I have a counseling client whom I’ll call “Israel” because she’s always struggling against injustice and afraid that God’s love isn’t meant for her. Her pain inspires me to remind readers that while the “clobber passages’ of the Bible have been mis-used to shame LGBTQ people, the bottom line message of the scriptures is that God creates us, partners with us, and wants relationship with us. How we read the Bible depends on our needs, fears, and hopes. How we let others tell us what it means depends on what religious communities we were raised in. Queer theologians and Scripture scholars read the Bible with a “queer eye,” seeing in the Jewish and Christian scriptures the subtle hints that queer lives were part of the long narrative of God’s love affair with each of us.
Example: Jacob, the boy who preferred the company of the women over that of his manly brother Esau, who wrestles with God and is renamed Israel, “One who wrestles with God.”
Example: The unnamed boy carrying water through the streets of Jerusalem, whom Jesus instructs his disciples to follow to find a safe place to gather. Thing is, boys didn’t carry water; that was a female chore. What’s that about?
Example: Joseph, son of Jacob, who dressed and behaved in queer ways that enraged his brothers…in the end, Joseph saves their lives, then reveals himself to their suddenly penitent and open minds.
Example: Judith, military leader, tough as nails.
How do queer people find themselves and their birthright to live authentically in the Bible? I suggest beginning with Psalm 139, from which I’ll excerpt my favorite lines:
O Lord, You have examined me and know me…You are familiar with all my ways…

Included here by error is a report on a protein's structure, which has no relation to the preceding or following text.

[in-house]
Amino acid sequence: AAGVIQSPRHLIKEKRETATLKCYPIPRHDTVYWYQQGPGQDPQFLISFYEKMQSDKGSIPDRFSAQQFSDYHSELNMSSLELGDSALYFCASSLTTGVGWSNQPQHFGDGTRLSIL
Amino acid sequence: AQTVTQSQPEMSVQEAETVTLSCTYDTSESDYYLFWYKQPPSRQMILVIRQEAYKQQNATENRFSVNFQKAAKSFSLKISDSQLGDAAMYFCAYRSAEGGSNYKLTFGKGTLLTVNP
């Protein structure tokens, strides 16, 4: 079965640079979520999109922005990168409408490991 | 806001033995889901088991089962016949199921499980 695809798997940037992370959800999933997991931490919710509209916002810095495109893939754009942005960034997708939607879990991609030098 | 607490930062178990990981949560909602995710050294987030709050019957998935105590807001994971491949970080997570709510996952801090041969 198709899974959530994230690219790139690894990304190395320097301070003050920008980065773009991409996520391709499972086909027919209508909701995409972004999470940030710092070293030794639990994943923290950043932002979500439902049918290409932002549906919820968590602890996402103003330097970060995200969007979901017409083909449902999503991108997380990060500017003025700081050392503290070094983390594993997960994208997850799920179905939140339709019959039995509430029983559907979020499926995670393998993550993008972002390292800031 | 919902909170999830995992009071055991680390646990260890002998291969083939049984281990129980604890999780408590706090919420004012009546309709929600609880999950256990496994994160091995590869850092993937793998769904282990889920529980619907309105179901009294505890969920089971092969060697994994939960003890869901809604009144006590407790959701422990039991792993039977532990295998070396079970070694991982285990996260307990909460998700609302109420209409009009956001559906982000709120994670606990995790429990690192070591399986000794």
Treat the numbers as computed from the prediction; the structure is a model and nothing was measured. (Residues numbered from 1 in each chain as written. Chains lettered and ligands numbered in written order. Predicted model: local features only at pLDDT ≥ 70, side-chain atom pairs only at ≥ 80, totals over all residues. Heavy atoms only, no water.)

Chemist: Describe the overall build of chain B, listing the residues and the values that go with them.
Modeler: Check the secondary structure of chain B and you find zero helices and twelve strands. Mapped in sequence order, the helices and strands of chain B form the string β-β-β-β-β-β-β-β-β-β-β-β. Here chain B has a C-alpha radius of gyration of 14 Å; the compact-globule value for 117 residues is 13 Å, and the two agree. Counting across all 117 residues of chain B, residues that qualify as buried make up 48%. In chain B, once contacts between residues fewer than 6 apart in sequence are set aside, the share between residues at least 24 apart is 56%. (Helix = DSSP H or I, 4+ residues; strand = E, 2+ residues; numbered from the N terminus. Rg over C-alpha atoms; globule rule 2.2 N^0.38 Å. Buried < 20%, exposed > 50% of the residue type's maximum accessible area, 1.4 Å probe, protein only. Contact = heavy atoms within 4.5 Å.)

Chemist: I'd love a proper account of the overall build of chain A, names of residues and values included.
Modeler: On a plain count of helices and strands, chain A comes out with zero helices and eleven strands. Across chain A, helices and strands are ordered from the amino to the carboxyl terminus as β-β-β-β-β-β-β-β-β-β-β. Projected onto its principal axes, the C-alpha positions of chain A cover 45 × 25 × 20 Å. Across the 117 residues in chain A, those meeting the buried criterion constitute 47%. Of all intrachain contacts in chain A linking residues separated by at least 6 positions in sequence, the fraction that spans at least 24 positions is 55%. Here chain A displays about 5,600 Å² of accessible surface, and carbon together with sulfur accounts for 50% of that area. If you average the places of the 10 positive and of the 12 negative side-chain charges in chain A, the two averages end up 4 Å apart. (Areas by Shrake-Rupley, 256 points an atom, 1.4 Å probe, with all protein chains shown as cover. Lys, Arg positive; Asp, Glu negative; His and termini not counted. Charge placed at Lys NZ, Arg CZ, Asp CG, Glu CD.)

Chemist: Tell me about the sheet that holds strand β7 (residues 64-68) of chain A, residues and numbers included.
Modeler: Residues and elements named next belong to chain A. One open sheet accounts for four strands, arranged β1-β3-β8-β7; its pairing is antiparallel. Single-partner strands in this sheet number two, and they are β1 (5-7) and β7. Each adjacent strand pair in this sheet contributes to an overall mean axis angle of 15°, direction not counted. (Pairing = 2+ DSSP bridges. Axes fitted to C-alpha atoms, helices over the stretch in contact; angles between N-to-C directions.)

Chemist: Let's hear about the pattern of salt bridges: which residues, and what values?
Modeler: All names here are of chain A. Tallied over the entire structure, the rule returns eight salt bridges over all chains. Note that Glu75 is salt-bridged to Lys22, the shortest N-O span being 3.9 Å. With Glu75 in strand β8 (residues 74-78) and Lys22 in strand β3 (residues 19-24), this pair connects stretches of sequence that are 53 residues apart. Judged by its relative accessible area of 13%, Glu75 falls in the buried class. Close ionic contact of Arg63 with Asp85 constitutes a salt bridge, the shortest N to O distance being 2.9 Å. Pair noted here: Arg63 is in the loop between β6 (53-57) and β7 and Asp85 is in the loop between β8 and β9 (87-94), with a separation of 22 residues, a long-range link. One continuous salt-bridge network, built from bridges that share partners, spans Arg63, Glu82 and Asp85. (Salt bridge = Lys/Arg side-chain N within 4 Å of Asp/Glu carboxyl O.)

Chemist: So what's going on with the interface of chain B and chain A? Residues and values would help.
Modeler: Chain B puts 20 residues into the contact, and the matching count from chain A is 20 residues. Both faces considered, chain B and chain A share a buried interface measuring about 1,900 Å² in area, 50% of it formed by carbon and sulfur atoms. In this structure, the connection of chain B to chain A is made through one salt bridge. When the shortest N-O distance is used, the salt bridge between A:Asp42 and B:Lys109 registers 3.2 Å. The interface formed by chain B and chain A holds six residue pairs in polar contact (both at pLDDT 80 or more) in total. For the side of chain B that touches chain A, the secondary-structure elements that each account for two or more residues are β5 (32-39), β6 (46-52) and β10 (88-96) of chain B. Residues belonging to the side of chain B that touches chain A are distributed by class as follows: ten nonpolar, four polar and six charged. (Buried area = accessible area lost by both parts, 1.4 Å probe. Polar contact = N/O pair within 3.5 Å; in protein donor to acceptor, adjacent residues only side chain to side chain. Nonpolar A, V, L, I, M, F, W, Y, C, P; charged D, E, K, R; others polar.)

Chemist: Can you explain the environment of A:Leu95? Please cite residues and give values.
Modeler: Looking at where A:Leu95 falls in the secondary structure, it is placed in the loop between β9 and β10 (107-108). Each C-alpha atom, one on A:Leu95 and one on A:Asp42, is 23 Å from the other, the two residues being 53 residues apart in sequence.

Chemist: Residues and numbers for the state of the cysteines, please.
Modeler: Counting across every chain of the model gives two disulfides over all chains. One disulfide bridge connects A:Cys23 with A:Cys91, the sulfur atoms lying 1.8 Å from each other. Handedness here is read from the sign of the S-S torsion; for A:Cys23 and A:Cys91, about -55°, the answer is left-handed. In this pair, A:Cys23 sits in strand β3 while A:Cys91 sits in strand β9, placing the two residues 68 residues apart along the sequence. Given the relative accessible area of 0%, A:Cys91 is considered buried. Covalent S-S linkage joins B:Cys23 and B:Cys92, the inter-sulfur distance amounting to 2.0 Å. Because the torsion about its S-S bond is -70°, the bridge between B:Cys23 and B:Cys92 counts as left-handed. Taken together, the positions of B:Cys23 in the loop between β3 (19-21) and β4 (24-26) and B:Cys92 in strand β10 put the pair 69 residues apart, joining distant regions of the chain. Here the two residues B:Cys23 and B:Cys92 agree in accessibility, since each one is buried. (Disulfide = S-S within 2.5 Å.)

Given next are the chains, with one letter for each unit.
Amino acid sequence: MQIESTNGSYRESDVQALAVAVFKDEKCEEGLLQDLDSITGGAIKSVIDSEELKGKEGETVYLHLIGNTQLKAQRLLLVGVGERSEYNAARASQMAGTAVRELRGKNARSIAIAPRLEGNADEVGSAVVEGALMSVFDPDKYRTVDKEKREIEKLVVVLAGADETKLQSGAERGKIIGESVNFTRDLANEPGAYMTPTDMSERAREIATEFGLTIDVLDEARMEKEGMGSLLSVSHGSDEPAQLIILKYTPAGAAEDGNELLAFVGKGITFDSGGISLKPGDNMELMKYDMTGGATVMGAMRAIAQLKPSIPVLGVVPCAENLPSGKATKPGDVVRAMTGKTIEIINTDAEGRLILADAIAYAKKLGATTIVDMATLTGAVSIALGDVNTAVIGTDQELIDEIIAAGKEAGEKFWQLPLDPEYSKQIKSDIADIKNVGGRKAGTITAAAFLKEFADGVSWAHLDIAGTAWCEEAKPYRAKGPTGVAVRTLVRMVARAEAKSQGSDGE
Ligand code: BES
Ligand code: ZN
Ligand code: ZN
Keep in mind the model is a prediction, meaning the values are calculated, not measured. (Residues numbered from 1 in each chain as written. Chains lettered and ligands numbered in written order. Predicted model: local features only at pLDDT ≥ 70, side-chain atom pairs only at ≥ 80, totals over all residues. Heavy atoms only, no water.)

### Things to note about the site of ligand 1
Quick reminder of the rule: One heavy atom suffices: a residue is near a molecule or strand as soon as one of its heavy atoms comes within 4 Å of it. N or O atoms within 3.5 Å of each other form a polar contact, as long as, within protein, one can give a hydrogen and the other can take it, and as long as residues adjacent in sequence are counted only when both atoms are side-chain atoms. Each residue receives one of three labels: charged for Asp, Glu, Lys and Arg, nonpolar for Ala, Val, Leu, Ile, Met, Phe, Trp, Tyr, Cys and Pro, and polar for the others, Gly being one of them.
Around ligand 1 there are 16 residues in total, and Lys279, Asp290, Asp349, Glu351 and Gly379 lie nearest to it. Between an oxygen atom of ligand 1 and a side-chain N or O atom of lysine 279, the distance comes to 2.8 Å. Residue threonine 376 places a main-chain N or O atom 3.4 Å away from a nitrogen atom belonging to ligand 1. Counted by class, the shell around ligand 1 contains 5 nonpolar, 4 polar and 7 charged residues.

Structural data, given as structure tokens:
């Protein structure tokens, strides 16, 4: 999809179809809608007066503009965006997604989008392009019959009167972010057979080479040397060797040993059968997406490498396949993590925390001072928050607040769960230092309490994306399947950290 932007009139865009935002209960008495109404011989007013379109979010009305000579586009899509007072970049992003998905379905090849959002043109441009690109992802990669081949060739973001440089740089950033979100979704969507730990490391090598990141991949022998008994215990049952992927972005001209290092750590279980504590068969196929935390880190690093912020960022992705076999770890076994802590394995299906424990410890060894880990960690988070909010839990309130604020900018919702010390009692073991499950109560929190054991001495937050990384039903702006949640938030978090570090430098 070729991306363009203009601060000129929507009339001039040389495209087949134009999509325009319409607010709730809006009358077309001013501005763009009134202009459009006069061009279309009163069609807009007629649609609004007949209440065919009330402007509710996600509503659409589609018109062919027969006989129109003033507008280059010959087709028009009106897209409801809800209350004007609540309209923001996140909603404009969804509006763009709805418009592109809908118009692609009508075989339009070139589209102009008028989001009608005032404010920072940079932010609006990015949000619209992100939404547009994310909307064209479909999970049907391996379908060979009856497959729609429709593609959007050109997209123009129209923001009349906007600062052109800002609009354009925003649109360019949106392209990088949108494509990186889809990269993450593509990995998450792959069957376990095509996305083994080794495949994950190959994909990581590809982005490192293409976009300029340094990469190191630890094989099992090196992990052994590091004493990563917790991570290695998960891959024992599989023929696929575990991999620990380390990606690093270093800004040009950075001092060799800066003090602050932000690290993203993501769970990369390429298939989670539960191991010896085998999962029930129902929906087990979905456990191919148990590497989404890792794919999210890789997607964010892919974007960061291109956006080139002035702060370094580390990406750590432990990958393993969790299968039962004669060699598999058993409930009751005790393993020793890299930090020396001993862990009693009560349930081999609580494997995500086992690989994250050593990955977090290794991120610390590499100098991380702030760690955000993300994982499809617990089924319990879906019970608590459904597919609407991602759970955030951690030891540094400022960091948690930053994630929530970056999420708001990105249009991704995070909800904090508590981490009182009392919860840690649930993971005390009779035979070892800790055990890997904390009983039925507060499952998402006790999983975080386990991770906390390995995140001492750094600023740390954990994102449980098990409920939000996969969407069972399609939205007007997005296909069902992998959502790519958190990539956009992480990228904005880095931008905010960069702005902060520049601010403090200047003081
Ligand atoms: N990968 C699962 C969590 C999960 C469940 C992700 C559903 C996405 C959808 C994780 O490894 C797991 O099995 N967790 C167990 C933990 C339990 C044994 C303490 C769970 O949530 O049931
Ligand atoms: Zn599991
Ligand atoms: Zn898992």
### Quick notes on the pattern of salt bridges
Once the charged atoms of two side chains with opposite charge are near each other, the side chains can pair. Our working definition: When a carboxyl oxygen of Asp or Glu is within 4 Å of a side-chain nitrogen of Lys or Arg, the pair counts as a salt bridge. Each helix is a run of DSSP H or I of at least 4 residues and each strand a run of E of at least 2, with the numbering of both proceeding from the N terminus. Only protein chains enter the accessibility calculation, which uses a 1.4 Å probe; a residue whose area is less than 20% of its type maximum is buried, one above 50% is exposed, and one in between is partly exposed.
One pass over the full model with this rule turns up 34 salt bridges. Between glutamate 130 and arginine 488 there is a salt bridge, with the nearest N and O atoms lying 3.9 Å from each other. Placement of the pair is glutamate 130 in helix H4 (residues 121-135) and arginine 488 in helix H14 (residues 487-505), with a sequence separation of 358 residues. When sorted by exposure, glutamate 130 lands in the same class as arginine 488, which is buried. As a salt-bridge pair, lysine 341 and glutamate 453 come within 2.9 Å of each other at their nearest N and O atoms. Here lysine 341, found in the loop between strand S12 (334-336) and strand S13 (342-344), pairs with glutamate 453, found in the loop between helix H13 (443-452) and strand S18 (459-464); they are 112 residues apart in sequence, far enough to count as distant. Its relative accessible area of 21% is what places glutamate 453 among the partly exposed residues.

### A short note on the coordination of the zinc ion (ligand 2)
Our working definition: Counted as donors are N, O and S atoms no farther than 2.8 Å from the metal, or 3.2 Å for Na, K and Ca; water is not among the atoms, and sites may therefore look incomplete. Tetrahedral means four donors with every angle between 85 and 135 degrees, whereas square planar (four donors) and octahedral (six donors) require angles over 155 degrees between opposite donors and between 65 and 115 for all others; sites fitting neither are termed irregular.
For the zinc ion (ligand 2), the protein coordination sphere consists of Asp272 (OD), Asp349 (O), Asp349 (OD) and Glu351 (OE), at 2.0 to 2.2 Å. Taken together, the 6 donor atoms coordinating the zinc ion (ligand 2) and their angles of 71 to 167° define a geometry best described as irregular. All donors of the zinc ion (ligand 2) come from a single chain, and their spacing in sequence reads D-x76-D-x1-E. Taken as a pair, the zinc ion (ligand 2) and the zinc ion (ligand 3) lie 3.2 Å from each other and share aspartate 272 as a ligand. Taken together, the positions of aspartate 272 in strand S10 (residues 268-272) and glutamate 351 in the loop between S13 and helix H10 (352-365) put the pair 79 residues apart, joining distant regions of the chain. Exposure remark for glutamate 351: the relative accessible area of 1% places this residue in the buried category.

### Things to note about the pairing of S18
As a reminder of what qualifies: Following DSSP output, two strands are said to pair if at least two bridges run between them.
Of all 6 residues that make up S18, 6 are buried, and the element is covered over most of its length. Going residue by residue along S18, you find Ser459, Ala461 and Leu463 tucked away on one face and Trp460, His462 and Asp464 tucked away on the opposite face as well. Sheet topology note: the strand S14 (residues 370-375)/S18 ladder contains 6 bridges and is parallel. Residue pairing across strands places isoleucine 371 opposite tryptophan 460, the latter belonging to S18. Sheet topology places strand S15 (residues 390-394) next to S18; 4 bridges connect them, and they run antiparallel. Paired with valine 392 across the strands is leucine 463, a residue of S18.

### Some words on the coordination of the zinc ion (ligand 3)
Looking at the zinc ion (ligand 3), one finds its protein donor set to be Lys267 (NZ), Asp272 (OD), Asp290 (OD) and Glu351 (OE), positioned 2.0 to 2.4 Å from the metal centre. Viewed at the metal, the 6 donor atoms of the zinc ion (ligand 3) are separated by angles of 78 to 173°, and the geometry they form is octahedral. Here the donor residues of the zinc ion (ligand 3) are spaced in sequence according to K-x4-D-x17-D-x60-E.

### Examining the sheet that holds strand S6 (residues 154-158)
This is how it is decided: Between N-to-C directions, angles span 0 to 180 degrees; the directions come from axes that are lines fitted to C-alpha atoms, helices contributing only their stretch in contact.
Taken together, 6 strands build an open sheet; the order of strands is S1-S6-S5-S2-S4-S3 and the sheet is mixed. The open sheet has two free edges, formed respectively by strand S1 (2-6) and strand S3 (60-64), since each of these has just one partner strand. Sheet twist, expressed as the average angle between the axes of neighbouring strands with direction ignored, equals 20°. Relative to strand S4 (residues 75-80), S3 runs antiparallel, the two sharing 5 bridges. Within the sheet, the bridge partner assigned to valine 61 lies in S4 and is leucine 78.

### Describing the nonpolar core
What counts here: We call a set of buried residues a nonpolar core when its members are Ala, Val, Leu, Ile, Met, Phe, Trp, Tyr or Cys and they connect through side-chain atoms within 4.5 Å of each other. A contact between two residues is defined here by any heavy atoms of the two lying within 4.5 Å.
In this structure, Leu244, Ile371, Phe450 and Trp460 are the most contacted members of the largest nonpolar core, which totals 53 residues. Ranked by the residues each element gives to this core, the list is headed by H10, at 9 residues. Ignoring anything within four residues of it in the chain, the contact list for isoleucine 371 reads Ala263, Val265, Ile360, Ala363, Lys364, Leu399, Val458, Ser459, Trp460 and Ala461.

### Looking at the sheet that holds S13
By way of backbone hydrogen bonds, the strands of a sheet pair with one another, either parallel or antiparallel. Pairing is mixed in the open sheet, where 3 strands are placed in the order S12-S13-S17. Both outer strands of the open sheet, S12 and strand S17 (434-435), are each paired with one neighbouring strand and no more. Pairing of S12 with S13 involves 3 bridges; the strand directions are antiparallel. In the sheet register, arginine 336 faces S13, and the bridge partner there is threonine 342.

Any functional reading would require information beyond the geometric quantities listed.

You fashioned me in my mother’s womb. I praise You, for I am awesomely, wondrously made;
Your work is wonderful; I know it very well. My frame was not concealed from You
when I was shaped in a hidden place; knit together in the recesses of the earth…
Everyone of us is sourced in the Sacred, brought into life with our own particular DNA, formed in a uterine environment we have no control over, born into a world unused to seeing the divine in everyone. We need, as Mr. Rogers said, to look for the helpers. I think we need to look for those unafraid to see divinity in difference, and at the same time, seeing we are all made the same, at the core of our being.
It has always been so of marginalized people everywhere. The Hebrews, enslaved for 400 years, barely knew themselves as a people. Then Moses, born a Hebrew under the Pharaoh’s order that all Hebrew male babies be put to death, has the good fortune (divine intervention?) to be raised as one of the Pharaoh’s family. He feels himself a marginalized person, for he belongs to neither his Hebrew family of birth nor his adoptive family, the slaveholders. He lives in shame. It is because of this liminal identity, this betwixt and between-ness, the crack in his identity, that Moses is able commune with God. And God tells Moses, who has a speech impediment of some kind, that Moses himself will convince the Pharaoh to let his people go to their freedom.
It is always a person of a “both/and identity,” who hears the divine calling to justice. Following a calling to be real, we all yearn to respond. For we are made to engage in our birthright, to live in the presence and care of divine love. Psalm 139 continues:
Where can I escape Your spirit? Where can I flee from Your presence?…If I take wing with the dawn
to come to rest on the western horizon, even there Your hand will be guiding me, Your right hand
will be holding me fast…
As we have seen by the many PRIDE festivals held around the world, even at great risk in many places, the human need to live doesn’t just mean freedom from slavery/human trafficking (sex work is what transgender people are reduced to where it’s illegal to get a job, as in Turkey). Everyone needs to be seen, known and loved as themselves. That is the truth told in the story of Moses, the man with two identities and none, who responds to a higher Voice that calls him to transcend the gap.
What is your truth? How do you yearn to be seen, known and loved as you are? Can you stay engaged with the Source of life for as long as it takes to speak from your Moses identity, from marginalization into God’s BFF and mouthpiece? You needn’t preach, you only have to live into who you are. And that’s a lot! And it’s OK to complain to God to help. It’s a relationship, remember?
(Want to know more? See a wonderful, scholarly but readable book, Torah Queeries, in my Resources section of this site.)